‘If I can.’ He sat in silence for a moment, and then spoke thoughtfully. ‘He has a great inheritance--estates, high rank, an ancient name--and such things can be a burden. They put duties on a man, and the first duty is to provide an heir. I speak feelingly of that, since I have not done it.’ For an instant he was silent, and then the level tone continued. ‘So he must find a wife, and early. She must be of proper age and health, and of a family that matches his own. A settlement must be made, which can be hard to reach. And I suppose it’s needful that the lady should be willing. In one way and another, you see, it’s difficult. Not many ladies fit requirements, and in the end his choice is small. He must take what wife he can. You could even feel sorry for him.’

‘Her also.’

‘Certainly. But do you wonder they do not regard the marriage as a thing for themselves? It’s a duty to posterity and is so performed. He’ll expect that his first-born, and perhaps his second-born, shall be faithfully his own, and during that time he may stay with his wife. I believe Hildersham did. But afterwards . . .’ There was a slight shrug of shoulders. ‘Do you see?’ ‘He feels differently?’

‘And why should he not? Set it to his credit that he will not usually object if his wife should also look around her. He’d think it highly ill bred to do that. I don’t know how far you can agree?’

‘I won’t presume to. I’m merely glad to know. It’s helpful.’

‘It may be. But . . .’ Wickham leaned suddenly forward, his hand on the table, and his keen glance took in both of them. ‘Helpful or not, I think we should keep these thoughts quiet in front of Mary. I doubt if she’d sympathize.’

‘No-o.’ Barford nodded slowly, as if appraising this. ‘From what we’ve heard--Charles was like that?’

‘That’s St. Hollith.’ Wickham spoke quickly to Grant, and then turned back again. ‘Yes. Though I’m not quite sure he qualified as a good fellow, as you’ve called it.’

‘We can’t be sure. And
de mortuis
is still a decent tag.’

‘I’m aware of it, sir. I’m merely saying we should keep this quiet in front of Mary.’

‘By all means.’ Again Barford nodded, and then he looked at Grant. ‘In general--and Mary apart--it’s well to be careful with the ladies.’

‘They’re unpredictable?’ said Wickham.

‘Not entirely. I was about to observe that a lady who is tolerant is sometimes looking for what will excuse herself. I don’t mean Mary.’

‘No, sir.’

‘She said, by the way, that she’s expecting you for supper. She declared roundly that you’re to be with her by eight o’clock.’

‘The devil she did! Can’t we have any port?’ It was half past seven when they took leave at last of their host, who let them out himself through the tall French windows of his library. Then, in the last of the September dusk, they walked together across the park, where the cedars were black above the grass and the lake was without a ripple. They went quietly, their footsteps lost in the turf. An owl hooted, and there was not another sound till they came to the high brick wall and a wicket gate. They passed through, and before them was a church, grey and ghostly now, and beyond it a pool and a village green, wide and level. Lights showed in houses, and Wickham found his voice again.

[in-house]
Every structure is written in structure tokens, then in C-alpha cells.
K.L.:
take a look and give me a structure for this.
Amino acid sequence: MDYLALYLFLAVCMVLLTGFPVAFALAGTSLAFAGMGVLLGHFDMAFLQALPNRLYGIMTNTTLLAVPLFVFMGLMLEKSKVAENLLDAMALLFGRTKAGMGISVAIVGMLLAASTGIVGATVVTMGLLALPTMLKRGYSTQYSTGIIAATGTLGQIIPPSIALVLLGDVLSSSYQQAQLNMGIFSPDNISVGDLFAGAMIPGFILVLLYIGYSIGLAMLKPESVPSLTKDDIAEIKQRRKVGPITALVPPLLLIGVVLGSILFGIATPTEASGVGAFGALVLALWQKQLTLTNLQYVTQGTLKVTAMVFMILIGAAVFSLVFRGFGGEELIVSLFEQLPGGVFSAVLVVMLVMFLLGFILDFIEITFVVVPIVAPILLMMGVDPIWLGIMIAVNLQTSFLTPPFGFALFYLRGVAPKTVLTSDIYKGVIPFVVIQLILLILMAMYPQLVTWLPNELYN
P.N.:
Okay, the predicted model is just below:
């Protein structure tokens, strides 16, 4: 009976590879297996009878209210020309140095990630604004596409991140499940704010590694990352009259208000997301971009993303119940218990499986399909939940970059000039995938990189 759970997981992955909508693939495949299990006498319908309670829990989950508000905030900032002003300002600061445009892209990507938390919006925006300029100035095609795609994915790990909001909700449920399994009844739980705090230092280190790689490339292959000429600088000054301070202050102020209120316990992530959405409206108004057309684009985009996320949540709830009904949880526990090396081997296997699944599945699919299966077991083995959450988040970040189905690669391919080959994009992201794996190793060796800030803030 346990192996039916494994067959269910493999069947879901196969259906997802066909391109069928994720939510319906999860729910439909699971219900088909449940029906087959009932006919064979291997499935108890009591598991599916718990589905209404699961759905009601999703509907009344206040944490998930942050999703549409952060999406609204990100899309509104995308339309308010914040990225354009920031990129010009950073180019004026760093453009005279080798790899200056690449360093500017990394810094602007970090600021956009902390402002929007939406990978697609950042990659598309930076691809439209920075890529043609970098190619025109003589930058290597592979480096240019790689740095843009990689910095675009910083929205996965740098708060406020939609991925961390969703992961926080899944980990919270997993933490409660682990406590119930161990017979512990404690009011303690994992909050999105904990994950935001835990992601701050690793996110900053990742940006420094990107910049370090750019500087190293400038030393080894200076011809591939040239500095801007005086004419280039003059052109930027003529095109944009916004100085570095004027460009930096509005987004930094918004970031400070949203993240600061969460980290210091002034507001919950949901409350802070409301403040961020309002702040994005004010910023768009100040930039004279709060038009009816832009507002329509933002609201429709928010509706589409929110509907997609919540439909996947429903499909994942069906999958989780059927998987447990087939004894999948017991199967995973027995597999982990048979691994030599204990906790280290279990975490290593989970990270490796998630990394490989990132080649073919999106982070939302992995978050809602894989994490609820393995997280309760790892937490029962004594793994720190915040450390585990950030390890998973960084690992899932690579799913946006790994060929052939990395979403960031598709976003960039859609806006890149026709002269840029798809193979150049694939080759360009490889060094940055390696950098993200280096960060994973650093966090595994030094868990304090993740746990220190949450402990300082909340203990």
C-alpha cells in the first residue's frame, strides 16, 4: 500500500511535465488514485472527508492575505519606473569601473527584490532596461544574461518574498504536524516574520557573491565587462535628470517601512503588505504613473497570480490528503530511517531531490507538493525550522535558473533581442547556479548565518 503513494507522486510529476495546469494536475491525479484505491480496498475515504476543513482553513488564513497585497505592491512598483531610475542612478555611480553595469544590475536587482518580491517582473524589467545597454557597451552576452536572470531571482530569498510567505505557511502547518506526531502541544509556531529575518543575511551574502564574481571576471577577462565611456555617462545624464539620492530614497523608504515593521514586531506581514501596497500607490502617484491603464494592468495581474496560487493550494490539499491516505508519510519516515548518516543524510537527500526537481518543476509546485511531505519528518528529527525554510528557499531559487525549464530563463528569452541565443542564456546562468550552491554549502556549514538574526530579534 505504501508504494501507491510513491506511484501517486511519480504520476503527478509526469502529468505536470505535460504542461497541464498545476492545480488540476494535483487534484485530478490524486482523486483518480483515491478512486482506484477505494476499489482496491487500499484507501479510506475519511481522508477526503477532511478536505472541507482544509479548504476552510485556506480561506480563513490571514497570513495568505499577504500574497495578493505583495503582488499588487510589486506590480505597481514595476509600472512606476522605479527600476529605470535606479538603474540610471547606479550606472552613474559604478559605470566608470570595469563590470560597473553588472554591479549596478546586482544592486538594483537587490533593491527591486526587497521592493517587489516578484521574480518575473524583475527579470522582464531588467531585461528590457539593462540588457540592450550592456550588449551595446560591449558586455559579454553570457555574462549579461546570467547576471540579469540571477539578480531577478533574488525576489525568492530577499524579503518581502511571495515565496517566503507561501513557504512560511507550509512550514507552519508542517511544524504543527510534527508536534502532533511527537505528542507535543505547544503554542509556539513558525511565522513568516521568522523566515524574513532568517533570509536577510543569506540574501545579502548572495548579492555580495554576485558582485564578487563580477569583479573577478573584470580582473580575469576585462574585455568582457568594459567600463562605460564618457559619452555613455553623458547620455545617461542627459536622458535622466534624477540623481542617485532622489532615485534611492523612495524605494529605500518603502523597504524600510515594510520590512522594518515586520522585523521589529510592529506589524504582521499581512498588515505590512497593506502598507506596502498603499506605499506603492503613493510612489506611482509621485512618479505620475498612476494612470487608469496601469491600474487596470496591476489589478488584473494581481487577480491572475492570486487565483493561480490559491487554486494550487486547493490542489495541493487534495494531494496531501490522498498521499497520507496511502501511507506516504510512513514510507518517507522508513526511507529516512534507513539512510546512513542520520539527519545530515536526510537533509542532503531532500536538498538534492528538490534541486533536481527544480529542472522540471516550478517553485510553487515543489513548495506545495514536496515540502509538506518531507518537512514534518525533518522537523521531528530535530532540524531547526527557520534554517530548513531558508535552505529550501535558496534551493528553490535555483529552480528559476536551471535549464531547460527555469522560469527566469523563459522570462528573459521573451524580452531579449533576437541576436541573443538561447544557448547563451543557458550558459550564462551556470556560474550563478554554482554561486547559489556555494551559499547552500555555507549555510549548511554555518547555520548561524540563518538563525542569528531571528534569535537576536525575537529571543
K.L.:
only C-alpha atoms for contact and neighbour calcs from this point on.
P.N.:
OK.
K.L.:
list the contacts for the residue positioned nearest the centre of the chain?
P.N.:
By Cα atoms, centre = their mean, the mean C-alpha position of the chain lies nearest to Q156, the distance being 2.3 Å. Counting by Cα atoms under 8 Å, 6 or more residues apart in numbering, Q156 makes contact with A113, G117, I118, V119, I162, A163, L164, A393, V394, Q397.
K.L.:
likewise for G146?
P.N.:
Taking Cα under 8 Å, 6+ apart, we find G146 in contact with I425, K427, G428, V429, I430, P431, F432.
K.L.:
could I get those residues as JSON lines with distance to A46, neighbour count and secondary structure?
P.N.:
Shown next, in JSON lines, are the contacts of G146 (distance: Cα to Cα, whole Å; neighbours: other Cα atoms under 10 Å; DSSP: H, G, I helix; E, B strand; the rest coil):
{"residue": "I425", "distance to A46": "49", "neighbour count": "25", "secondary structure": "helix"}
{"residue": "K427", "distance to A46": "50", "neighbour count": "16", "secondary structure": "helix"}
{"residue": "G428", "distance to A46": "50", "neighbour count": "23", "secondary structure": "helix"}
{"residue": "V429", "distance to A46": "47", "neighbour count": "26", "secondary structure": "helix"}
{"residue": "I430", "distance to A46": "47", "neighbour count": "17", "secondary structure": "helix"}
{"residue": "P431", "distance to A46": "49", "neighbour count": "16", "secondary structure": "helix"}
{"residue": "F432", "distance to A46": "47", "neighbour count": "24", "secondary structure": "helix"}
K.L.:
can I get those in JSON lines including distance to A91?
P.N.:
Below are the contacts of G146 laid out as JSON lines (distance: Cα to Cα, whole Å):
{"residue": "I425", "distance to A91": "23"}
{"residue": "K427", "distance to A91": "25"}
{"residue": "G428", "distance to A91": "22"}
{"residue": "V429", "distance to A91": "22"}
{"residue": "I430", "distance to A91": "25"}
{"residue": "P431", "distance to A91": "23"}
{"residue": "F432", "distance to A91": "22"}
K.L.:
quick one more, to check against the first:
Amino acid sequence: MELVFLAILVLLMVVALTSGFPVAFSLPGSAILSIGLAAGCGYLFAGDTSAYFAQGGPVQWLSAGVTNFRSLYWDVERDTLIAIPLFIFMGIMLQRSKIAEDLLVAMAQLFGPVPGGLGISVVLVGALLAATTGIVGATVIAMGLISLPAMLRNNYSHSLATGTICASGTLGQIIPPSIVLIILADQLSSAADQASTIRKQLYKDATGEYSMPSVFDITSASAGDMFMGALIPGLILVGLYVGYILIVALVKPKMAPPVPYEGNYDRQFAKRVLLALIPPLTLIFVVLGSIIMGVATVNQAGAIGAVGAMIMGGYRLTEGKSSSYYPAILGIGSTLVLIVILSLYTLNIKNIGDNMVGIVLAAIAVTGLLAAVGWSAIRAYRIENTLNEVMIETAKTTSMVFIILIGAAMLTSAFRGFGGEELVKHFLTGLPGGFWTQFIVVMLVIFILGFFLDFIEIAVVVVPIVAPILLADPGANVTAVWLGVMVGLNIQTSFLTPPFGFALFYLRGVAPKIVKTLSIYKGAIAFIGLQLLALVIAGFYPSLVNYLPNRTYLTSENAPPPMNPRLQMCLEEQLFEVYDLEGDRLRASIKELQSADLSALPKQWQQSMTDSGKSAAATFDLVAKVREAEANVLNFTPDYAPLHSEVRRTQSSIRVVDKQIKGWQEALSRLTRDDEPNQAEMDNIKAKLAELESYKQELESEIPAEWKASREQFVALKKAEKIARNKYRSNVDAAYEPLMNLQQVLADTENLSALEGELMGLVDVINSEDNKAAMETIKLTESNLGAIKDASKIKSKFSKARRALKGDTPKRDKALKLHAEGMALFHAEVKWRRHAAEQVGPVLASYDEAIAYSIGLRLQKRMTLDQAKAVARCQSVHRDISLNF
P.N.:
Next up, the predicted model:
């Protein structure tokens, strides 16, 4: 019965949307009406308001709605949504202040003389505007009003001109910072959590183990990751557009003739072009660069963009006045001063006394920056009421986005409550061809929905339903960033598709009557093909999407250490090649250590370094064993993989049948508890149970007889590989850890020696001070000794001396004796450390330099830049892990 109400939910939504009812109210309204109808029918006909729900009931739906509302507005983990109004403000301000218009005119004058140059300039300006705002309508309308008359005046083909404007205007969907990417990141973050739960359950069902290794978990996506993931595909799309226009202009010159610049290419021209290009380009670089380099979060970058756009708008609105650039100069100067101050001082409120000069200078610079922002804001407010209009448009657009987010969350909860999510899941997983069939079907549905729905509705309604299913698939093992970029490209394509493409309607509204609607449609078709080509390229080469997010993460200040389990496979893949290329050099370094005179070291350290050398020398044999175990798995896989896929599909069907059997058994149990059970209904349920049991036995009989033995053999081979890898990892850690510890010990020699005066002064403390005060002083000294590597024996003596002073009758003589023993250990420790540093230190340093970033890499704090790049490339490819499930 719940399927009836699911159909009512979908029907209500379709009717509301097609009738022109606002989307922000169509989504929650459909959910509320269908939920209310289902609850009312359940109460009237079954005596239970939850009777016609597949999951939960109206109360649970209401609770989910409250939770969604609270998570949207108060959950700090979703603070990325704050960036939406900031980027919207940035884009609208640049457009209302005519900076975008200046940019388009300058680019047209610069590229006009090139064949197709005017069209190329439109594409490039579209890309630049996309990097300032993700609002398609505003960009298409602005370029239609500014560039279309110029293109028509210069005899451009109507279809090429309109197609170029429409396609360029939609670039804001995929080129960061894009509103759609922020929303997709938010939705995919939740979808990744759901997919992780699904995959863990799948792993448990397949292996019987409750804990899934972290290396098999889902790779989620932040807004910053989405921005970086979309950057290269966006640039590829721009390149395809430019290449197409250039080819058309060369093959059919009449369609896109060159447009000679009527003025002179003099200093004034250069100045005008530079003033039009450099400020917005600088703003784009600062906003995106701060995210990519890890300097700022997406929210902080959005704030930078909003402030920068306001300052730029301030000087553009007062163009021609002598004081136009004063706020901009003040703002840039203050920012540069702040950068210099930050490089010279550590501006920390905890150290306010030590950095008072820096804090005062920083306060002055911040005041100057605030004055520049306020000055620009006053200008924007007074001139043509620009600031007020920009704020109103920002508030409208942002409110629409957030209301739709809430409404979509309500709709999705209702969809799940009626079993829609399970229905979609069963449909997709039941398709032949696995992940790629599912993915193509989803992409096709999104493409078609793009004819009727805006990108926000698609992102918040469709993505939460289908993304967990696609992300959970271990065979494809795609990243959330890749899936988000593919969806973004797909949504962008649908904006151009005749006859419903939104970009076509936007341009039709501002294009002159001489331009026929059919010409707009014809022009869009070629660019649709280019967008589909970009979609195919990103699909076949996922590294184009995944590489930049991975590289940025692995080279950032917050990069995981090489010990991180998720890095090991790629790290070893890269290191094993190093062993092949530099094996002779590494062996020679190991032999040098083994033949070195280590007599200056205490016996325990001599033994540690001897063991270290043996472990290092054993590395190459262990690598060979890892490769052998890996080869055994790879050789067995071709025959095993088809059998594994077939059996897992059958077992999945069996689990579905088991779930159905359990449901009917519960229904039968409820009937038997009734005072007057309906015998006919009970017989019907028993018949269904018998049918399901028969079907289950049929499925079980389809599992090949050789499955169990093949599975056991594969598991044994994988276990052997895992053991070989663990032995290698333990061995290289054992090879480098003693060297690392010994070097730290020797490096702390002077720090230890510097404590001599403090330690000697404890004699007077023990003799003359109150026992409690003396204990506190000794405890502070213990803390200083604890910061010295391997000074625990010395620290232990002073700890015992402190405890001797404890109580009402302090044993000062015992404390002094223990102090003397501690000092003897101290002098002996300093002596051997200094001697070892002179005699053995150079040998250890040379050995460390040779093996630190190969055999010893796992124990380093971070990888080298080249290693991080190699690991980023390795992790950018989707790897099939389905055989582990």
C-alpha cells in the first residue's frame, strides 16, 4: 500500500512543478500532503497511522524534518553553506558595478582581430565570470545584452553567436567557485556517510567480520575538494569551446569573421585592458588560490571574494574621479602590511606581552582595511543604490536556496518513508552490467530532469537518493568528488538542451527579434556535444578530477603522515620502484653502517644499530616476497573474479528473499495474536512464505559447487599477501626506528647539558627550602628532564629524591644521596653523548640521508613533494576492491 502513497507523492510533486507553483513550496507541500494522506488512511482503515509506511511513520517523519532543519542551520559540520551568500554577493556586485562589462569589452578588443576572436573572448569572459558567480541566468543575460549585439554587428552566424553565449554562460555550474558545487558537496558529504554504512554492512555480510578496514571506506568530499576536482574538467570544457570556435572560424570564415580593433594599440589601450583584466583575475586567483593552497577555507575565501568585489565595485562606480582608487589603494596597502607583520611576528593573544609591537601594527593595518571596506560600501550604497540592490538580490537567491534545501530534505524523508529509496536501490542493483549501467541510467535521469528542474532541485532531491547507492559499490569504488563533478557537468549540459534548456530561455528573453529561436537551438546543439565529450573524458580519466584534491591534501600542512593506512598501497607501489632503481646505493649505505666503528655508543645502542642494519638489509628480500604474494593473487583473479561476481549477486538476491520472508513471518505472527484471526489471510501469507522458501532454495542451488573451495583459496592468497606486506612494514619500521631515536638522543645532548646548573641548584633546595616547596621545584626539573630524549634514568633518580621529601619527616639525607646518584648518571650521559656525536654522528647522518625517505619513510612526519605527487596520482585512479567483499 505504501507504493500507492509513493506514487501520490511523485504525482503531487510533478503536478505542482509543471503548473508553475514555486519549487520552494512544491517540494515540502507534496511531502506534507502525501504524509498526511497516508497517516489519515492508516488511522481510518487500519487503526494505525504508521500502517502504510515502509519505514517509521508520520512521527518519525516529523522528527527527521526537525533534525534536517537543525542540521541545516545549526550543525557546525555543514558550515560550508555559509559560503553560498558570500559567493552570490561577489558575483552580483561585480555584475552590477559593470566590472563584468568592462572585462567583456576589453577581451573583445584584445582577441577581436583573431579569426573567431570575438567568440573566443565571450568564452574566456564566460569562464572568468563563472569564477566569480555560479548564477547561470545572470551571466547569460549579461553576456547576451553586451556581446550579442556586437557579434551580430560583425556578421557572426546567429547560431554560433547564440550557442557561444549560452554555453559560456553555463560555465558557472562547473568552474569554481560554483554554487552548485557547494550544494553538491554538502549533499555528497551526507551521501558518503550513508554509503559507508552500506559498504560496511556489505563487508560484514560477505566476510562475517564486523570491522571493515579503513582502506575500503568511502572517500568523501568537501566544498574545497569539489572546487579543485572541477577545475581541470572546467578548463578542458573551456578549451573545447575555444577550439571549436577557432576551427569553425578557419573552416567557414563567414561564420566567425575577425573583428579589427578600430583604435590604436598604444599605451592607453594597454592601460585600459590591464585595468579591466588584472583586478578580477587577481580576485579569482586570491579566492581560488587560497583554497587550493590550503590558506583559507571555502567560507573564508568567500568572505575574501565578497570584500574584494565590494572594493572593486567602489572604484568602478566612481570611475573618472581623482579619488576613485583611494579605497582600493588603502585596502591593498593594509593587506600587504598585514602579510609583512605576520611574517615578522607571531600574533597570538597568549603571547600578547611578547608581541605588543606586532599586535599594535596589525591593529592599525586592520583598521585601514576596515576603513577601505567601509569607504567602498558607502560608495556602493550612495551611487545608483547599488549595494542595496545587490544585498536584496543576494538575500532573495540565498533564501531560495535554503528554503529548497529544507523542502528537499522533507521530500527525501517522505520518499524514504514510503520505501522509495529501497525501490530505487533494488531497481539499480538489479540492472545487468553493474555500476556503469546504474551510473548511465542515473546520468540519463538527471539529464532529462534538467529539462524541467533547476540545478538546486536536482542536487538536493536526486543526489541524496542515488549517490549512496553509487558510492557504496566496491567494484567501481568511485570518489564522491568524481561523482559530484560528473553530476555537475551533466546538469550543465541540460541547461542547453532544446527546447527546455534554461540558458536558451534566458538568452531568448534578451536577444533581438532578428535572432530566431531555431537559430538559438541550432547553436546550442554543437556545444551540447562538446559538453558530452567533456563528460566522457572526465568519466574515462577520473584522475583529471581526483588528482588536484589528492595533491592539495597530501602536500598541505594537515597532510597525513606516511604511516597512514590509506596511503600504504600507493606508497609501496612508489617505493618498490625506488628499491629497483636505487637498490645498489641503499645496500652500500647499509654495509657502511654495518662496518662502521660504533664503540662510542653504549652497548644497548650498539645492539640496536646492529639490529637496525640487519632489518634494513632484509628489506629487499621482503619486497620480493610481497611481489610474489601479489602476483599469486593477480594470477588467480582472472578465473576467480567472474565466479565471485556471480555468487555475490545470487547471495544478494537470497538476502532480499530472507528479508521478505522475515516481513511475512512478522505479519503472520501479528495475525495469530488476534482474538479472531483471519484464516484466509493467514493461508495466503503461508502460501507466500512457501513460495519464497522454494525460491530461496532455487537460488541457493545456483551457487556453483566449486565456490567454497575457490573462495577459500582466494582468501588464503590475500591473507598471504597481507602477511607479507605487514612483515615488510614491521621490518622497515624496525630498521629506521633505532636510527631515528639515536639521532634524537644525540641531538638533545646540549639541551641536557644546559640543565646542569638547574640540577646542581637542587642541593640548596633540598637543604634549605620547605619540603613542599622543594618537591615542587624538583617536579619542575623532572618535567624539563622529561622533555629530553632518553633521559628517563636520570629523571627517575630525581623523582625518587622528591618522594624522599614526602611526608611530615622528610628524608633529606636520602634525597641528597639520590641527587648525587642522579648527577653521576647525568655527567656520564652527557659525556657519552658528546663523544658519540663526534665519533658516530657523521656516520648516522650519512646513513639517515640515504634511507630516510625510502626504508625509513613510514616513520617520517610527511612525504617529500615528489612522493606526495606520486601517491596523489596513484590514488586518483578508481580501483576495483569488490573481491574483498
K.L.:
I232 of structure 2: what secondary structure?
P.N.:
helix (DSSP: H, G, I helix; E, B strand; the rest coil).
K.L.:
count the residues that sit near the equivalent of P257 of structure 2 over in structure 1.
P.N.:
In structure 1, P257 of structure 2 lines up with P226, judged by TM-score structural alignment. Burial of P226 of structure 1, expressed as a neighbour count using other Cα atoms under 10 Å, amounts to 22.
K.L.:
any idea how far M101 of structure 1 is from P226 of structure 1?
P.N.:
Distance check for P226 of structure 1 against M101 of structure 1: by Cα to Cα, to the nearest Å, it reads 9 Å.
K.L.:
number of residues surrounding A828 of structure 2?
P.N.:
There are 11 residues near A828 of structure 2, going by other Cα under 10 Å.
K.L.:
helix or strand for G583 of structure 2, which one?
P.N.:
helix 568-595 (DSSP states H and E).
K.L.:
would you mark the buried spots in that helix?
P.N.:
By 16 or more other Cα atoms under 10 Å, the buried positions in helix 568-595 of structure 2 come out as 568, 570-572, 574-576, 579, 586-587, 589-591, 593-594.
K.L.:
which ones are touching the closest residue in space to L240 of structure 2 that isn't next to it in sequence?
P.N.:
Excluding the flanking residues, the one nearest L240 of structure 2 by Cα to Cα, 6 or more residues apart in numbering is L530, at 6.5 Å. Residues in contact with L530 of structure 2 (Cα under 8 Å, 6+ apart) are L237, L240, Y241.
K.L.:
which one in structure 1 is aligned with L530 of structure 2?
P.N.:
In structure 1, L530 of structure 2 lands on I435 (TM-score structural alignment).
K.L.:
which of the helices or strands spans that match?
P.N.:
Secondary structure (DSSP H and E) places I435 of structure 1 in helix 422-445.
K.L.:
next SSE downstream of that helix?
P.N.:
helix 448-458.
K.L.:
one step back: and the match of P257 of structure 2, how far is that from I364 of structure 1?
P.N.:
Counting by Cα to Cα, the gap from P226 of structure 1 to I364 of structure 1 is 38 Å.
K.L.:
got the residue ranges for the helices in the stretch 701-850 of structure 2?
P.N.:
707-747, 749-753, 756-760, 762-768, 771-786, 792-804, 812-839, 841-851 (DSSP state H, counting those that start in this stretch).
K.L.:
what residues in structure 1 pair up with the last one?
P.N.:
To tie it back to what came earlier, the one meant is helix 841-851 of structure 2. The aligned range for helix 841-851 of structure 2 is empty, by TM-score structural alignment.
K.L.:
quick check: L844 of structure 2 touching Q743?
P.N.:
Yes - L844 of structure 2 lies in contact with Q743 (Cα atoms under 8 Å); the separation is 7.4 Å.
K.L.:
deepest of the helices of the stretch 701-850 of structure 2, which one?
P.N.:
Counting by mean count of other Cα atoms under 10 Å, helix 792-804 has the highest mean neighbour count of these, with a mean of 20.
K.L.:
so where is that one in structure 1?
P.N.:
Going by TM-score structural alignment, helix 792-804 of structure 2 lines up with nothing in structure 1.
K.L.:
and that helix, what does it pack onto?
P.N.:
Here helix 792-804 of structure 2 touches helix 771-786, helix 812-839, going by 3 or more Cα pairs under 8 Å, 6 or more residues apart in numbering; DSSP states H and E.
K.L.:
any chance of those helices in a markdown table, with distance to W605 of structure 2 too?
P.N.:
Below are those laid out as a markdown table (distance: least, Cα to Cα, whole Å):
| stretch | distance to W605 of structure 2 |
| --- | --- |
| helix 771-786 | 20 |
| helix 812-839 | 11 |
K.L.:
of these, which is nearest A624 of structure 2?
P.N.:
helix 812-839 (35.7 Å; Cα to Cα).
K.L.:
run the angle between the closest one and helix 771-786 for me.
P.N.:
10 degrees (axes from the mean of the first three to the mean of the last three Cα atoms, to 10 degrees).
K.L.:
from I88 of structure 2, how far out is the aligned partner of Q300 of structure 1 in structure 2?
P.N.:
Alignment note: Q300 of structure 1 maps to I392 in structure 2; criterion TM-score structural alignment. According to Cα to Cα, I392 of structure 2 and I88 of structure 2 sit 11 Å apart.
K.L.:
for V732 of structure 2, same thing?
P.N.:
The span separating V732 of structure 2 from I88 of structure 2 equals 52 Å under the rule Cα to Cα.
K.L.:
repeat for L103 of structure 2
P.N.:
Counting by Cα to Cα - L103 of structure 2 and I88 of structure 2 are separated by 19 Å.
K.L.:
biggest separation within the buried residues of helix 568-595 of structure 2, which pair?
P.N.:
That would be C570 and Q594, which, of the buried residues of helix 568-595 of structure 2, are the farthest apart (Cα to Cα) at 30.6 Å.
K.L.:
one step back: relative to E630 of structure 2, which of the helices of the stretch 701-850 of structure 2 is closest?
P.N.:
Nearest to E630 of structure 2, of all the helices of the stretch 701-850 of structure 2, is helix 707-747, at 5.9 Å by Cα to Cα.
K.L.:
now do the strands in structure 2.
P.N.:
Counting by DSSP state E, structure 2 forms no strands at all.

‘I did say we were the poor relations. We
live at the Manor. This is it.’

It was a house of comfortable size, set back behind a garden, and Grant paused for a moment by the gate, while he tried to estimate it. But it was sunk in darkness now, and all he could see was the simple shape of it, the cornice and dormers, the tall pillared door and the symmetry of the windows. Wisps of smoke rose from the chimneys, lifting lazily against the sky, and something seemed to welcome him.

‘Old?’ he asked quietly.

‘Oh no. A century, perhaps. Queen Anne stuff, I believe.’

Wickham pushed back the gate, and as he strode up the path the door swung suddenly open, and a woman was under its fine old lintel, standing in a pool of light to receive him. She seemed young, perhaps younger than he, dressed for simplicity in a green spotted silk. She was not even in the latest mode. She had none of the extravagance of gores and flounces that were to be seen in Town, though she was certainly not rustic. The look of quality was obvious, and for a moment Grant hung back, standing by the gate in the shielding dark, and seeing the quick warm smile that came to her as she held out her arms to her brother. She kissed him quickly, and then for an instant they were eye to eye, standing together in obvious pleasure. They were different, yet alike; two of a kind; and the perception of it gave Grant the clue. She was of the same breed, a soldier’s daughter, a soldier’s sister, born to a tradition and a way of life that did not go with the Town, or the Earl of Hildersham, or the St. Hollith she had married. She was more like--Captain Grant. It was a tradition the Navy knew.